When you see true joy, you can feel it.
Sometimes it is in a child's gushing laugh during some wondrous adventure. Sometimes in an airport on a stranger's face as they race to embrace their soldier husband or wife. Mom or Dad.
It is palpable. It changes something in the air around you.
It's wedding season. You are going to hear lots of wedding stories. Some funny. Some poignant or moving.
We visited two friends last weekend. They have been together 24 years. Same as me and my husband.
They married recently. We had not attended their wedding. In fact, the ceremony was only the two of them and a witness. Small intimate reception afterward.
The minute I asked, "How does it feel to be married?" I felt it. That joy. That change in the air.
Their eyes softened just for a moment, remembering the day. They described that their marriage had added priceless depth and surprising meaning to their lives together.
My own eyes teared up in response.
They are gay.
Try as hard as I might to be empathic with others, it's amazing how much I forget or don't realize. I listened to them discuss not only the emotional aspect of being married, but the safety in knowing that if something happened to the other, pragmatically their lives would not fall apart. I was aware of the medical impact of a marital contract, perhaps because of my involvement more on that end of life. Not as much the financial or legal side.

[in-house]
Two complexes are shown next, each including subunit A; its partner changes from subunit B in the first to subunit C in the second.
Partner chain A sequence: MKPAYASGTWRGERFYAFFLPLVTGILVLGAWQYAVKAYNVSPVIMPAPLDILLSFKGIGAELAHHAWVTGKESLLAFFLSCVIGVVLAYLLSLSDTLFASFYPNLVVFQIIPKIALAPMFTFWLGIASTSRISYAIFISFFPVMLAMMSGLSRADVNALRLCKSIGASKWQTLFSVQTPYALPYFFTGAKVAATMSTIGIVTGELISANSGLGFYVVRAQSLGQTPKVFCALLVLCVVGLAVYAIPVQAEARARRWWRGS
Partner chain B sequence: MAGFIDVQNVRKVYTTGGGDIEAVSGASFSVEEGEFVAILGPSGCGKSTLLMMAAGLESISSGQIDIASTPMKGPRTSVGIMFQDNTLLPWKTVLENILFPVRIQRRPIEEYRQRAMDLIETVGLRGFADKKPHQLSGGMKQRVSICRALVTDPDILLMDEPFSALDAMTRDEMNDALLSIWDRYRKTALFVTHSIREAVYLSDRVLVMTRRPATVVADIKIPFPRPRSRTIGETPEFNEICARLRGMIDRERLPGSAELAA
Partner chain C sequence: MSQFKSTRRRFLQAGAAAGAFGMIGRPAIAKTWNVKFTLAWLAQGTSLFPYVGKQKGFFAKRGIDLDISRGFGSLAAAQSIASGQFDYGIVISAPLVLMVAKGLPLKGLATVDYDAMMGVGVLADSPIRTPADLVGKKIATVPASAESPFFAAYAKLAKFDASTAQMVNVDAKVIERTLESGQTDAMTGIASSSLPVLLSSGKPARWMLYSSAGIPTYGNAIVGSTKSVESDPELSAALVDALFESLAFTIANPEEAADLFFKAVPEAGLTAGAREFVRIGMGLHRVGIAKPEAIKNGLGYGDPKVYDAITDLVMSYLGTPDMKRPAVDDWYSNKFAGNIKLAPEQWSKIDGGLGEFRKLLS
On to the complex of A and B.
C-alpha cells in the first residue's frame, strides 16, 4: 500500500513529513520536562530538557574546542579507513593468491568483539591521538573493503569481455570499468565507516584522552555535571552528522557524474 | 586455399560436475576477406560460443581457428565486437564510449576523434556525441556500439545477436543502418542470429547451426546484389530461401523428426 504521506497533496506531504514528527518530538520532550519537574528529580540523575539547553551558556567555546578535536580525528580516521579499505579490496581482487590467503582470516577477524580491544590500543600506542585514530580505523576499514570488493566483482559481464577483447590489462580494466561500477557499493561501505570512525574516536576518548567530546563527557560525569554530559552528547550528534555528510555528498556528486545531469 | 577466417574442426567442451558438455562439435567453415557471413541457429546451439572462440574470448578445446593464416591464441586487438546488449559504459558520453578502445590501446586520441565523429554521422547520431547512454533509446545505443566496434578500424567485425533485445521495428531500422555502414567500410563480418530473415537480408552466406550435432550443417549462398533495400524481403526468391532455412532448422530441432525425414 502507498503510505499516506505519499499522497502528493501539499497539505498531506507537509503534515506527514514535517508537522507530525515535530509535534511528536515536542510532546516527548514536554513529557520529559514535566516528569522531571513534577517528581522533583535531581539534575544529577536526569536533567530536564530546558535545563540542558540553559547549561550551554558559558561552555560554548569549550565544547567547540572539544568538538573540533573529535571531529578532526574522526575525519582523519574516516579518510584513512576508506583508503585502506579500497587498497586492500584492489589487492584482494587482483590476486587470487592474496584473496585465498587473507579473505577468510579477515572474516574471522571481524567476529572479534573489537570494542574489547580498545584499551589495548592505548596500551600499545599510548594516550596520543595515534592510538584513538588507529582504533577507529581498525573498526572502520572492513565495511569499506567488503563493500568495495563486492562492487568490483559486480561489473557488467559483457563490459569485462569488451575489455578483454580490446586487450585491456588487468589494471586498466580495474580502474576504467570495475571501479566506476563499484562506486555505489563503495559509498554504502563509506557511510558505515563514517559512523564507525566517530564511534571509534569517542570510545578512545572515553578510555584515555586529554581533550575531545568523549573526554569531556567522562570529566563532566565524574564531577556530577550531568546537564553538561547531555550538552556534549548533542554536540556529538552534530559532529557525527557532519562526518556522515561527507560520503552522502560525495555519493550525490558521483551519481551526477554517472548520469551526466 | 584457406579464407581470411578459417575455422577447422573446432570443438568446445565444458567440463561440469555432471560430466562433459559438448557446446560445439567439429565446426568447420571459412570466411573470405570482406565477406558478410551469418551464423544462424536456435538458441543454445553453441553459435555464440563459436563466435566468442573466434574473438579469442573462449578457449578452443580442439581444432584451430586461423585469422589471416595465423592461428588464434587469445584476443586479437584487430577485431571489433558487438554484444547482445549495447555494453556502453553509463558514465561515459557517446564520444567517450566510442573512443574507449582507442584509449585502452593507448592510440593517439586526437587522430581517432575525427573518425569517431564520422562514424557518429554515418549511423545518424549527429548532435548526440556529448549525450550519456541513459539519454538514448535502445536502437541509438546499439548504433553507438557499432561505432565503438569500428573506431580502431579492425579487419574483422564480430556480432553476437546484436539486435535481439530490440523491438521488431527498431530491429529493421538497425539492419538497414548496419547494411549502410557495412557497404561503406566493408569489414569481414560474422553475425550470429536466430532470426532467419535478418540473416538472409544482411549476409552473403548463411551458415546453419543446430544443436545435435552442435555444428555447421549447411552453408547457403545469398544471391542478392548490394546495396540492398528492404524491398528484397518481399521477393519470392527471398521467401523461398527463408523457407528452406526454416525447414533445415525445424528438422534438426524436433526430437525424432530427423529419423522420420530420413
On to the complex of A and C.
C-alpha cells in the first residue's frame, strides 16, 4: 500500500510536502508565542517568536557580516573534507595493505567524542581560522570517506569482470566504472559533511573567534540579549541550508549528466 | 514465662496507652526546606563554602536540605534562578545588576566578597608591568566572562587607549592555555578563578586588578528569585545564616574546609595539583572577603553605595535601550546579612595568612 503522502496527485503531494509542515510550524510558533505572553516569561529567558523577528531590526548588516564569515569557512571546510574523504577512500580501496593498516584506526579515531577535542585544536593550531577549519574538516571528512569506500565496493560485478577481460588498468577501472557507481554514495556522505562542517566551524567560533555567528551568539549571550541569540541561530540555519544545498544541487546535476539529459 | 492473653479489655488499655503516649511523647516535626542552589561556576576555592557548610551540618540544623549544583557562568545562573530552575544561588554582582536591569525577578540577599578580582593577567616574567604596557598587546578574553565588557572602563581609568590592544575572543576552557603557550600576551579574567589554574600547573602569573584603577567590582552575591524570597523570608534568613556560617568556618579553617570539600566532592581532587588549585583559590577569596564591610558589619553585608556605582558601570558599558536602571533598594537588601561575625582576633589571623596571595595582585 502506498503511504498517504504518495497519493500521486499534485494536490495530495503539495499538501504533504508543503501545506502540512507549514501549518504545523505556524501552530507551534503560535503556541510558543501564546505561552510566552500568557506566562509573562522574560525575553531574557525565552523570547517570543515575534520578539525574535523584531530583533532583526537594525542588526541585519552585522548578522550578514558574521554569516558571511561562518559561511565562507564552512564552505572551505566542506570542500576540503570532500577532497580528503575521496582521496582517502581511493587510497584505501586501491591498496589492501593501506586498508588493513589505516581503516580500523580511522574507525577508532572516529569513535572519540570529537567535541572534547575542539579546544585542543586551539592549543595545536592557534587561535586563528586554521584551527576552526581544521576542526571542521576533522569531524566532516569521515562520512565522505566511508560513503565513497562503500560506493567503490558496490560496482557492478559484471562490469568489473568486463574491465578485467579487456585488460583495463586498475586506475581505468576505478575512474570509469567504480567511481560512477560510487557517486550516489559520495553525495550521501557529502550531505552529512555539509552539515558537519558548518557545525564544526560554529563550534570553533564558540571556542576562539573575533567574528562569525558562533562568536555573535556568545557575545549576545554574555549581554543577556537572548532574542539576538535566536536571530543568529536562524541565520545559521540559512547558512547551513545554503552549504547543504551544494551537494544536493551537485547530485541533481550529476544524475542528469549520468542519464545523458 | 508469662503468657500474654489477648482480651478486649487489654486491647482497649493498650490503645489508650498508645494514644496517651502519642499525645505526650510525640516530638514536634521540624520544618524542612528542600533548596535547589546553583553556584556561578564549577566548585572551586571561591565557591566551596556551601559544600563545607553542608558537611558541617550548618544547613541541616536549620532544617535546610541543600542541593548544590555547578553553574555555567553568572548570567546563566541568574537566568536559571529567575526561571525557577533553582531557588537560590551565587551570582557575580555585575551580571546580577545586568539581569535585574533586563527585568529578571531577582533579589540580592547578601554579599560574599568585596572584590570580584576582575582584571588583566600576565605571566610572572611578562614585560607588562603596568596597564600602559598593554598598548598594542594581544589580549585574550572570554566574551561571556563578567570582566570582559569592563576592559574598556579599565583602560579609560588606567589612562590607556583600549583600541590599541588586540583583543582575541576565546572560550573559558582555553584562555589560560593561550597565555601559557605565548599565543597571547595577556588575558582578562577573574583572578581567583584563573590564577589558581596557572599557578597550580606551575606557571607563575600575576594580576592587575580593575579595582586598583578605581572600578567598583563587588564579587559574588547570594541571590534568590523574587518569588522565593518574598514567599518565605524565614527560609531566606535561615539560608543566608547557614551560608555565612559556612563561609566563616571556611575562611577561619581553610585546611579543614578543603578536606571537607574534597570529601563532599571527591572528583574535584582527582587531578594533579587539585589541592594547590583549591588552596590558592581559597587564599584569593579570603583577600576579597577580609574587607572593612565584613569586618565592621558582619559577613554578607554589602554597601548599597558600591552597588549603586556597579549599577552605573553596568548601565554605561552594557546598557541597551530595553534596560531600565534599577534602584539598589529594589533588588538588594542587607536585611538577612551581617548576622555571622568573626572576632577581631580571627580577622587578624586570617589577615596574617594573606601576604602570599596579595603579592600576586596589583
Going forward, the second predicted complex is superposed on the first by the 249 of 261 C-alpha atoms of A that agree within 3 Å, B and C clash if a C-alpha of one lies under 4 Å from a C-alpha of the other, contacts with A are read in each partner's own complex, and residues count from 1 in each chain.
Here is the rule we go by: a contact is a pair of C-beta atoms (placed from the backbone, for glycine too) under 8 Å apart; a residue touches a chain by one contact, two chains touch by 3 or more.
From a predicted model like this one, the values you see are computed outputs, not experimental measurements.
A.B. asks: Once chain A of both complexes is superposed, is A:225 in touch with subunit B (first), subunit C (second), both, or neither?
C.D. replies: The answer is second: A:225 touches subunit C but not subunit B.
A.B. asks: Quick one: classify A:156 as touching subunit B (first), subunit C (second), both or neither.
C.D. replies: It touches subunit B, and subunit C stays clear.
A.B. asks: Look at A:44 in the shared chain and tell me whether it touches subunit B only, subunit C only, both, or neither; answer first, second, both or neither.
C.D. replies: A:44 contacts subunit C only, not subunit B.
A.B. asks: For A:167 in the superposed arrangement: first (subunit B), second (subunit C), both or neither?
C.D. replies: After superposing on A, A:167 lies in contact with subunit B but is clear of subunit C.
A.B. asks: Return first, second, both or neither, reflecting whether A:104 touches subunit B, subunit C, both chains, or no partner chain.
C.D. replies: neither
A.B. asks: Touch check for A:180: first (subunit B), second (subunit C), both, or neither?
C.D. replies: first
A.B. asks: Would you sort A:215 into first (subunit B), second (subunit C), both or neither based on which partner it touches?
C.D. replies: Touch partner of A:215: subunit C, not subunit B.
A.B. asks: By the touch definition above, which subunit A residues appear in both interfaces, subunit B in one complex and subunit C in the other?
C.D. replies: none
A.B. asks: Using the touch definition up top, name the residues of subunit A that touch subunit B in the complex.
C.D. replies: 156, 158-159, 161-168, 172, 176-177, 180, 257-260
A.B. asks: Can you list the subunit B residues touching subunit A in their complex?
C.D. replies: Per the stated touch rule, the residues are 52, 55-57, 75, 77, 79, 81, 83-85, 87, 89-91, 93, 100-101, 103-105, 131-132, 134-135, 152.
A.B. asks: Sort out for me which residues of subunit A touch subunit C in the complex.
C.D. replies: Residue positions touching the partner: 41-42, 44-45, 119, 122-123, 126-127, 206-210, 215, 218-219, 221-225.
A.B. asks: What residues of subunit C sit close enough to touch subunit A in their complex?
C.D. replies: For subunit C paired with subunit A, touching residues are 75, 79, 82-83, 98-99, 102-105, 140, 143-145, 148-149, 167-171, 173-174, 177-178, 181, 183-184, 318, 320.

Issues I have taken for granted as a married heterosexual.
I listened and learned.
Not that I needed one, but it gave me another reason to support this movement in our country. To legalize marriage for everyone.
I want all couples to feel that joy if they so choose. More friends to feel it with them.
I have worked with many gay and lesbian couples over the years. It is a very difficult life in our society, especially in some parts of the U.S. Other than dealing with that bias and discrimination, (sort of like saying, "So how was the play, Mrs. Lincoln?), my work with those couples has been the same as work with other couples.
I have learned to deeply respect the road that has to be travelled.
We gave our friends a toaster by the way. Fitting. It's antique. (Aka old, a little beat up, funky).
We hope it works.
Not their marriage.
That has worked -- very well -- for years.
You can find more from Dr. Margaret at Dr.MargaretRutherford.com!
Image by Deborah Strauss.
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